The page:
Fourteen Months

Dear Andrew,


You are fourteen months old. You are talking so much these days. Sometimes we can even hear actual words. You point to things and say, “see,” with this upswing on the end that’s just adorable. And you make me laugh so hard when you say, “see,” as you’re grinning at me with your hand on your boy stuff. Yes. I see. Now put your pants on, kid.


You are always happy to see people. You wave and say, “hi.” You call everyone who lives with you, “Daddy.” Including me. The one whose name you used to know. The one whose name you used to use until you realized how hilarious it was to pop off the boob and grin up at me with your big smiling eyes and say, “Da-eee!”


You are getting better and better at climbing, and you will practice on stairs and chairs and tables and anything else you can at any opportunity. We have to watch you closely because you are so adventurous. You will keep going and going and going. And heaven help anyone who gets in your way. You will yell and squirm in such a way it really is scary trying to hold onto you without letting you slip away. You love to try new things, and I can see that you are determined to master whatever it is you put your mind to. You will move mountains one day, son. And I’m so excited to see what feat you will master next, even if it does make my heart stop a little bit watching your early attempts.


You love to play ball. Especially, dare I admit to the Internet, fetch. You and M will make endless runs down the hallway after some ball or another (you really enjoy the ones that light up when they bounce), laughing and squealing as you chase the balls and each other. You both bring he balls back, eager to go again. You also enjoy tossing the ball yourself, which you do with your left hand, I’ve noticed, and you like it when someone rolls or bounces the ball to you. As soon as you see the bigger ball come out, you sit down on the floor with your feet apart, ready to catch, and so happy to play and practice.


Another game that cracks me up every time, which you learned from your brother, of course, is to pretend you’re a puppy and crawl and pant and bark down the hallway, around the house or even outside. Your bark is just a little, “ah!” sound, and it’s just so cute. You’ve been walking so long, and nothing can slow you down that when you first got back down on all fours again, I didn’t quite know what was happening. Then you started “barking” at your brother, and I just laughed and laughed.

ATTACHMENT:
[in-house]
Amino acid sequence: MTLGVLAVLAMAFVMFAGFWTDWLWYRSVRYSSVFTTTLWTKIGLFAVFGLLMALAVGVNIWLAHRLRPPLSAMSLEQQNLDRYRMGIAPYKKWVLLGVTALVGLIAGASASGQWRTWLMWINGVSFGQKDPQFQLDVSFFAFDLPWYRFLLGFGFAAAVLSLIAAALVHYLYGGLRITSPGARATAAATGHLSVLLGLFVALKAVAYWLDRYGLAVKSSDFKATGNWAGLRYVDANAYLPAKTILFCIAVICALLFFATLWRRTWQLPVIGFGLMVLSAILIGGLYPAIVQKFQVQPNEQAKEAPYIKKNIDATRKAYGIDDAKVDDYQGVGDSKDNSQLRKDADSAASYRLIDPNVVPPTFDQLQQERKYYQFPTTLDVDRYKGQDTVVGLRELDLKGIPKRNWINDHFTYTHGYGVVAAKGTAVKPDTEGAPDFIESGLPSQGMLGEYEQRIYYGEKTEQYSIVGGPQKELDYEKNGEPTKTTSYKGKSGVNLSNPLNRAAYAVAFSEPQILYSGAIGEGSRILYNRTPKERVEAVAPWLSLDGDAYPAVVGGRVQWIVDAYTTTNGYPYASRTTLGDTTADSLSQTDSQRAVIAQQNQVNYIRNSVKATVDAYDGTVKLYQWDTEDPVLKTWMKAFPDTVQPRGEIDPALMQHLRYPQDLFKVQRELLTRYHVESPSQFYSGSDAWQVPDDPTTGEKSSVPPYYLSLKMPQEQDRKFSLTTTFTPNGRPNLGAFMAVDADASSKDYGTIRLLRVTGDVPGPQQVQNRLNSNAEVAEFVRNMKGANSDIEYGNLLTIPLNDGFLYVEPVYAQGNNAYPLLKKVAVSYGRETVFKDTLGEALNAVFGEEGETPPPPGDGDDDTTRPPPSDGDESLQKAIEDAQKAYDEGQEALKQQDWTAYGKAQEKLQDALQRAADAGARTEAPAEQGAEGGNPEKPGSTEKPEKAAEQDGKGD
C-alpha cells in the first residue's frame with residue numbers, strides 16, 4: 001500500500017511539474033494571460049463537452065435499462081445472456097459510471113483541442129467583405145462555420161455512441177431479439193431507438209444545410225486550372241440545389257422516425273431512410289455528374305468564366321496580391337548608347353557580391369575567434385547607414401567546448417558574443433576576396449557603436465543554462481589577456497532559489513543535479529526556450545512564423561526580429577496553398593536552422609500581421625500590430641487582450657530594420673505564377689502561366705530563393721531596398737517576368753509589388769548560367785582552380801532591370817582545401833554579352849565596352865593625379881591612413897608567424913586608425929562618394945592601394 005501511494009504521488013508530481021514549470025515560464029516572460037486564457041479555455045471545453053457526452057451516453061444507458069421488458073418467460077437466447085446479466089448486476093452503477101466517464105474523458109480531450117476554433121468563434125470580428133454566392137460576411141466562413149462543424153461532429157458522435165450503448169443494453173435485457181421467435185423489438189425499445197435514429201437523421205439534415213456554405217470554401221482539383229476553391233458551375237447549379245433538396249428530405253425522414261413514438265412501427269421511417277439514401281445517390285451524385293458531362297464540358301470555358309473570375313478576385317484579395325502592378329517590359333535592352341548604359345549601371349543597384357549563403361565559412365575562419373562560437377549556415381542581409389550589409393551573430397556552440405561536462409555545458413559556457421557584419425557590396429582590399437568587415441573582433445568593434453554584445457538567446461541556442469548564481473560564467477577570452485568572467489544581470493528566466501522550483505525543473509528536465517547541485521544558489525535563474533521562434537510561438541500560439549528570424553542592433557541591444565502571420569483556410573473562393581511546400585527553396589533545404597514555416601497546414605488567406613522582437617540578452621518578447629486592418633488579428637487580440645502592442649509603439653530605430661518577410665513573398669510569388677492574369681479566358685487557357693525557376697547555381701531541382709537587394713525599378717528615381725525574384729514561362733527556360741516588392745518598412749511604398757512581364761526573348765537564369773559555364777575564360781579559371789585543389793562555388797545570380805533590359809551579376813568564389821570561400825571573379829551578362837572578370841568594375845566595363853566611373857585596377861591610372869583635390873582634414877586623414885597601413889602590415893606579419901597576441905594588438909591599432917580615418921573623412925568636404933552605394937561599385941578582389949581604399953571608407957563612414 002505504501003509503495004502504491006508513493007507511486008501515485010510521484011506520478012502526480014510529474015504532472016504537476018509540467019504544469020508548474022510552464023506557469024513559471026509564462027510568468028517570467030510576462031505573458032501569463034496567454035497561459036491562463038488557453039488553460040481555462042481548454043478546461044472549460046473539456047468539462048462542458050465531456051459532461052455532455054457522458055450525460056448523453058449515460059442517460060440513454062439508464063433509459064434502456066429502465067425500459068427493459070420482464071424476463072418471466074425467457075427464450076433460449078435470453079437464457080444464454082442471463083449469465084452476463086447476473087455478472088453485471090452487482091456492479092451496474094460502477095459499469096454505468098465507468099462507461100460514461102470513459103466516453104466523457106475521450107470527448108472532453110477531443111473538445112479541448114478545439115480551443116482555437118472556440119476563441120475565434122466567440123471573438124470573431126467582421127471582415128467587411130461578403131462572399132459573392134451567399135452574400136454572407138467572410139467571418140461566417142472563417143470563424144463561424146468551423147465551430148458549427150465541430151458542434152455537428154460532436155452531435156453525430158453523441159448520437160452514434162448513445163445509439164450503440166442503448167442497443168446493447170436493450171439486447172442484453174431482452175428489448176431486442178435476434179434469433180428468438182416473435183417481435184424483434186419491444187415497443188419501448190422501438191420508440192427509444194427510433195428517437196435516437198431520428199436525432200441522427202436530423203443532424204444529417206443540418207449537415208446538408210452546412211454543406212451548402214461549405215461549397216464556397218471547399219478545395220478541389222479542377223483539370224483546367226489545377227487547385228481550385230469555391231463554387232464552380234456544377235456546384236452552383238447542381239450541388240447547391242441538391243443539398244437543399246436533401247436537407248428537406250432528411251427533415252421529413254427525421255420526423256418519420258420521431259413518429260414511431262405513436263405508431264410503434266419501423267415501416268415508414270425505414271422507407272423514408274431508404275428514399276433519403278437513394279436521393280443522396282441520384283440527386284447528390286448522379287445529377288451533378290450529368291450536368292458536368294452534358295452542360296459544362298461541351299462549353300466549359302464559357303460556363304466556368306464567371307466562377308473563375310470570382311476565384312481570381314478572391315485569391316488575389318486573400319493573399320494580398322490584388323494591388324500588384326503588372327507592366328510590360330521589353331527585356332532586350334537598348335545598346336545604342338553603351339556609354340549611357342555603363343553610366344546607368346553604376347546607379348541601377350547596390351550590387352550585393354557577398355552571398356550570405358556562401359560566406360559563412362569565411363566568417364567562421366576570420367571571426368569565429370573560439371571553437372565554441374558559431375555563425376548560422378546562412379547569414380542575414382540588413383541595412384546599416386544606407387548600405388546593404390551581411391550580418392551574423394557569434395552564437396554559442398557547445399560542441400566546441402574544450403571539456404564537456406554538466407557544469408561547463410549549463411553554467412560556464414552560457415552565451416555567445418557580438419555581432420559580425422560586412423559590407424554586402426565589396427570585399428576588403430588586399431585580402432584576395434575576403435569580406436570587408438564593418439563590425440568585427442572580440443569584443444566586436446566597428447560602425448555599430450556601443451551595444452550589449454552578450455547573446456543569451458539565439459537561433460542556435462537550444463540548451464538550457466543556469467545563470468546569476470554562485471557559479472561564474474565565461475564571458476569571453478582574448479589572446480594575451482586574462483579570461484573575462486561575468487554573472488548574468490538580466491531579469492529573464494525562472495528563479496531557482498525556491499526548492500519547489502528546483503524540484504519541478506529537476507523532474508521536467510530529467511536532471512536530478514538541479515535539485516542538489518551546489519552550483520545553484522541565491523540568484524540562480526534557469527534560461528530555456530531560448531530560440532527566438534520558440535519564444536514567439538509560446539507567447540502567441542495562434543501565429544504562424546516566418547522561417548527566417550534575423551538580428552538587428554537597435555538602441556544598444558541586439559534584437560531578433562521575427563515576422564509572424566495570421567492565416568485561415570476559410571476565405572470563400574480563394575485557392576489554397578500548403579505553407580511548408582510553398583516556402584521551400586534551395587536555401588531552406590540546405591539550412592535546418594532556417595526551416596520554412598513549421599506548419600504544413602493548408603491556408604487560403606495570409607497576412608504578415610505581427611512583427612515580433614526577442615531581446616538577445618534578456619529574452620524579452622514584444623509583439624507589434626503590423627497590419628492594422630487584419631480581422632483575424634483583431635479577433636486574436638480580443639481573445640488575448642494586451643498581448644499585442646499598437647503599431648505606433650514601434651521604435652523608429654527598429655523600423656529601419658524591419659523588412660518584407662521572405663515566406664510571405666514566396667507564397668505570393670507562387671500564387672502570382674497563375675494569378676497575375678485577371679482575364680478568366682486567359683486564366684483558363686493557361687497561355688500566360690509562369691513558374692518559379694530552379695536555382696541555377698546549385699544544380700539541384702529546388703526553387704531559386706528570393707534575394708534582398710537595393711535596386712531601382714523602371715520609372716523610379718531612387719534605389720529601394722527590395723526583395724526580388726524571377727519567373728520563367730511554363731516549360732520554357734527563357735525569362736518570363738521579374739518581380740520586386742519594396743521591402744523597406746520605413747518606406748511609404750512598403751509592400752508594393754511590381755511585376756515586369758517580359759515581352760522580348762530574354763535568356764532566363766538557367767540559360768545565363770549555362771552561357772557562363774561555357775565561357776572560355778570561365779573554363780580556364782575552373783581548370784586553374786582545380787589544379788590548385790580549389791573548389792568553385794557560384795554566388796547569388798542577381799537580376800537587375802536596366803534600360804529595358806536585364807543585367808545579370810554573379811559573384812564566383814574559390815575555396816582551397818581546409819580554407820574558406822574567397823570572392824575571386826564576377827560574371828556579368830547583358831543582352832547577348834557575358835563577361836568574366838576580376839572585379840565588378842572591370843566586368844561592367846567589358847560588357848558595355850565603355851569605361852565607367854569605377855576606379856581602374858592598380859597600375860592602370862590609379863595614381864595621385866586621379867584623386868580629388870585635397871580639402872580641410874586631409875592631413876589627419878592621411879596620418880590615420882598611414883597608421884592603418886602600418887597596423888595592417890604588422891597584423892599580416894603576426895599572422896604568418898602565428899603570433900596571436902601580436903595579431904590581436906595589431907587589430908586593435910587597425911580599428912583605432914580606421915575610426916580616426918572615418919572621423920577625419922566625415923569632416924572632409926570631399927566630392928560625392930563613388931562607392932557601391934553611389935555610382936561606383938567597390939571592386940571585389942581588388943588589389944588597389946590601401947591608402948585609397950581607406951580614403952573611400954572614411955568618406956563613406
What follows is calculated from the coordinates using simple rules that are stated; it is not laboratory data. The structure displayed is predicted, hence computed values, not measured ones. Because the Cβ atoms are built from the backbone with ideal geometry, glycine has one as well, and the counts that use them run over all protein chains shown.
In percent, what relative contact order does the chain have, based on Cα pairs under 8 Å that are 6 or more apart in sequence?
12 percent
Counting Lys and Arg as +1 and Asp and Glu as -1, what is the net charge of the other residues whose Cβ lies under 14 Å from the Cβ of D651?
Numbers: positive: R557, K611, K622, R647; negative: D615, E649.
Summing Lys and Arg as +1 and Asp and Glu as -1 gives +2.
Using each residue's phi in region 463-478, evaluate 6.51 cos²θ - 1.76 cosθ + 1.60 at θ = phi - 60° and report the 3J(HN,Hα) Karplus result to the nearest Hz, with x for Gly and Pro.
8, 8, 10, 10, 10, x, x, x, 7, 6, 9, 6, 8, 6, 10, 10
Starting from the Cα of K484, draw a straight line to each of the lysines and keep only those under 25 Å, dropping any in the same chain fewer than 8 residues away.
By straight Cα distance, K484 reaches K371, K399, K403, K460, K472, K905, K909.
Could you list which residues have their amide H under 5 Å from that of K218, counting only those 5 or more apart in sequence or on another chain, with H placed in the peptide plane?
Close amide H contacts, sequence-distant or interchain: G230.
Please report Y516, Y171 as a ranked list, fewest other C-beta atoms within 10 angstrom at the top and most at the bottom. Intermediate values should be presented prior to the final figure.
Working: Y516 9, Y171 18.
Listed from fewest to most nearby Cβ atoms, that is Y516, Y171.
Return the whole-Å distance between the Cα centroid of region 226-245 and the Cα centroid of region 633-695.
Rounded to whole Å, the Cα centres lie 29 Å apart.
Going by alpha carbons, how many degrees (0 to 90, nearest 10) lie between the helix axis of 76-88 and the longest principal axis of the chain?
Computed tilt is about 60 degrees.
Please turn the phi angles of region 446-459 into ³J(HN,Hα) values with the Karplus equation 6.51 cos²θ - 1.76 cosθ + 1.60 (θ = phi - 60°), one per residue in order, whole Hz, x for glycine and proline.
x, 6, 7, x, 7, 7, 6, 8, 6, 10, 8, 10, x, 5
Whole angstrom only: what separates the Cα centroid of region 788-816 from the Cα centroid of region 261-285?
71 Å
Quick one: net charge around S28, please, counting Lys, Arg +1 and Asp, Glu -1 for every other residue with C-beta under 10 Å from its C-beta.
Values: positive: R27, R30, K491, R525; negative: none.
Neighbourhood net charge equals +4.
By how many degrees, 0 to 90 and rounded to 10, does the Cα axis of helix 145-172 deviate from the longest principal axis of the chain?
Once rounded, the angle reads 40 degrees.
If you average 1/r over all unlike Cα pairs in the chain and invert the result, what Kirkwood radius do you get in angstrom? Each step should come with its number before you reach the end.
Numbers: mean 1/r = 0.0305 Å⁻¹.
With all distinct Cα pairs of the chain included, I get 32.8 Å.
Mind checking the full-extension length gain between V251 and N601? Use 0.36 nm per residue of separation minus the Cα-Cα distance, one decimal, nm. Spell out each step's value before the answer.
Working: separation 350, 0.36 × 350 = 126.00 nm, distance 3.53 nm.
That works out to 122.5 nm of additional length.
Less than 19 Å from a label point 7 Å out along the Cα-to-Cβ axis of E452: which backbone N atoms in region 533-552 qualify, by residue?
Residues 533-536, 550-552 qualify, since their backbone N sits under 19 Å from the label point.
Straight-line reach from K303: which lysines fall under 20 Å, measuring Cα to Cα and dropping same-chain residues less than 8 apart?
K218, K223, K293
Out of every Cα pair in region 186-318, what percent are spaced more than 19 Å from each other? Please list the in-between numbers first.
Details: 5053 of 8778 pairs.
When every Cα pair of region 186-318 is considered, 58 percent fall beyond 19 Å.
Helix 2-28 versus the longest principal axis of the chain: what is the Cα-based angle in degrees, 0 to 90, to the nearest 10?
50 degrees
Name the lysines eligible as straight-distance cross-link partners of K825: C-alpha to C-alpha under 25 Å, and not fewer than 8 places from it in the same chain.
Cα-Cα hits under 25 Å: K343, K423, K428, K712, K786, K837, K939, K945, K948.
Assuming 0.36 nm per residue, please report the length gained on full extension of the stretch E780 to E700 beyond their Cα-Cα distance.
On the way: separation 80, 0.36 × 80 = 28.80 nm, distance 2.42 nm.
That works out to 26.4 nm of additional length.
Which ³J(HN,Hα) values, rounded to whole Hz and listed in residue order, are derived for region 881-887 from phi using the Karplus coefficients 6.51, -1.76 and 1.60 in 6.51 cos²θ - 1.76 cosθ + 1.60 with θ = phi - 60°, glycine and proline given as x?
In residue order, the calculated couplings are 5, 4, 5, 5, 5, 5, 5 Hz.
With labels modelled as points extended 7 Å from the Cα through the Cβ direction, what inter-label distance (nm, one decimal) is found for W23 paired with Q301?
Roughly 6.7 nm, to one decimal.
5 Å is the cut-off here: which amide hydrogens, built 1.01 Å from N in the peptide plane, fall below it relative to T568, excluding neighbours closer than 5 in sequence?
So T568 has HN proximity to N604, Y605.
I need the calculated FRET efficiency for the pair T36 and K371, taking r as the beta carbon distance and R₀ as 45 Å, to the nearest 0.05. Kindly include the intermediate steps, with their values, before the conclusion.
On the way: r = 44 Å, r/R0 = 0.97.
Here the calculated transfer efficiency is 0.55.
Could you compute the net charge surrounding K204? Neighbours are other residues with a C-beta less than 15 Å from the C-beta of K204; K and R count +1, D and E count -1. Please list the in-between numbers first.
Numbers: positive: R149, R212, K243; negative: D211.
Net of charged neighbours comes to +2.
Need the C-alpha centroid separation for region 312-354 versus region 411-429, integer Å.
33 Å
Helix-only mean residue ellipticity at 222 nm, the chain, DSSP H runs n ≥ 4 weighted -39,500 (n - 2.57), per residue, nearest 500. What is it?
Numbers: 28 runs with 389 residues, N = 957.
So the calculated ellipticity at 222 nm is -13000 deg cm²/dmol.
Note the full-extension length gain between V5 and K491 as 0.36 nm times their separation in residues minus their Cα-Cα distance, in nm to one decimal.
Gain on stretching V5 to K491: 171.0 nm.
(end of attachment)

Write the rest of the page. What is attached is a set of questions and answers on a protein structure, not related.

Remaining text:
As part of our bedtime ritual, M likes to be “introduced” to someone as whatever character he is identifying as at the moment. So he or I or Daddy will step out to the living room with that information and announce, “Presenting…the most dangerous super dragon in the city!” or whatever it happens to be that day, and M will come down the hallway, often wearing a large fleece blanket around his neck as a cape, or wings or Jedi cloak or whatever, and he’ll play his part as he makes his way out to his adoring audience. You have come to know your part in this nightly performance, and you will wait on my lap for him to come out. Then you’ll get down eagerly and wiggle your way into the blanket as M tries to pull it away and you chase him around the room. I love bedtime for those giggles.


However, earlier this month, your dad and I were discussing how impressed we were that falling asleep on your own was coming more easily to you, and we dared to look forward to a night where you might sleep longer, be able to settle yourself without us in the room with you and things like that. And then you entered a new phase, the exact opposite of the direction we’d thought and hoped you were heading. You’ve been having trouble settling down to sleep with Daddy. You’ve been impossible to put down into your crib unless you are dead out cold asleep. And it wears me out. To be needed. Like this. So much. Every night.


But I’ll tell you a secret. Your sweet sleepy face and the way you cling to me in the dark is why I got into this motherhood thing in the first place. Even when my back aches, and I don’t feel sleepy enough to lie down beside you for the night, I remember how it seems like not more than five minutes ago you were born. I remember how fast you go during the day. How independent you already are, able to amuse yourself for a time without me. Testing your boundaries and abilities every minute of the day. You go go go. You climb. You run. And at the end of each day, you snuggle in. You have your place. And even at fourteen months old, you still fit snugly in my arms. You are welcome there. You are my baby, still, and no matter what kind of day we’ve had, I know what I mean in those moments before you fall asleep. I am your haven. I am your nest. I am your comfort. And you still need me a lot. For now. And I love it.


I love you,


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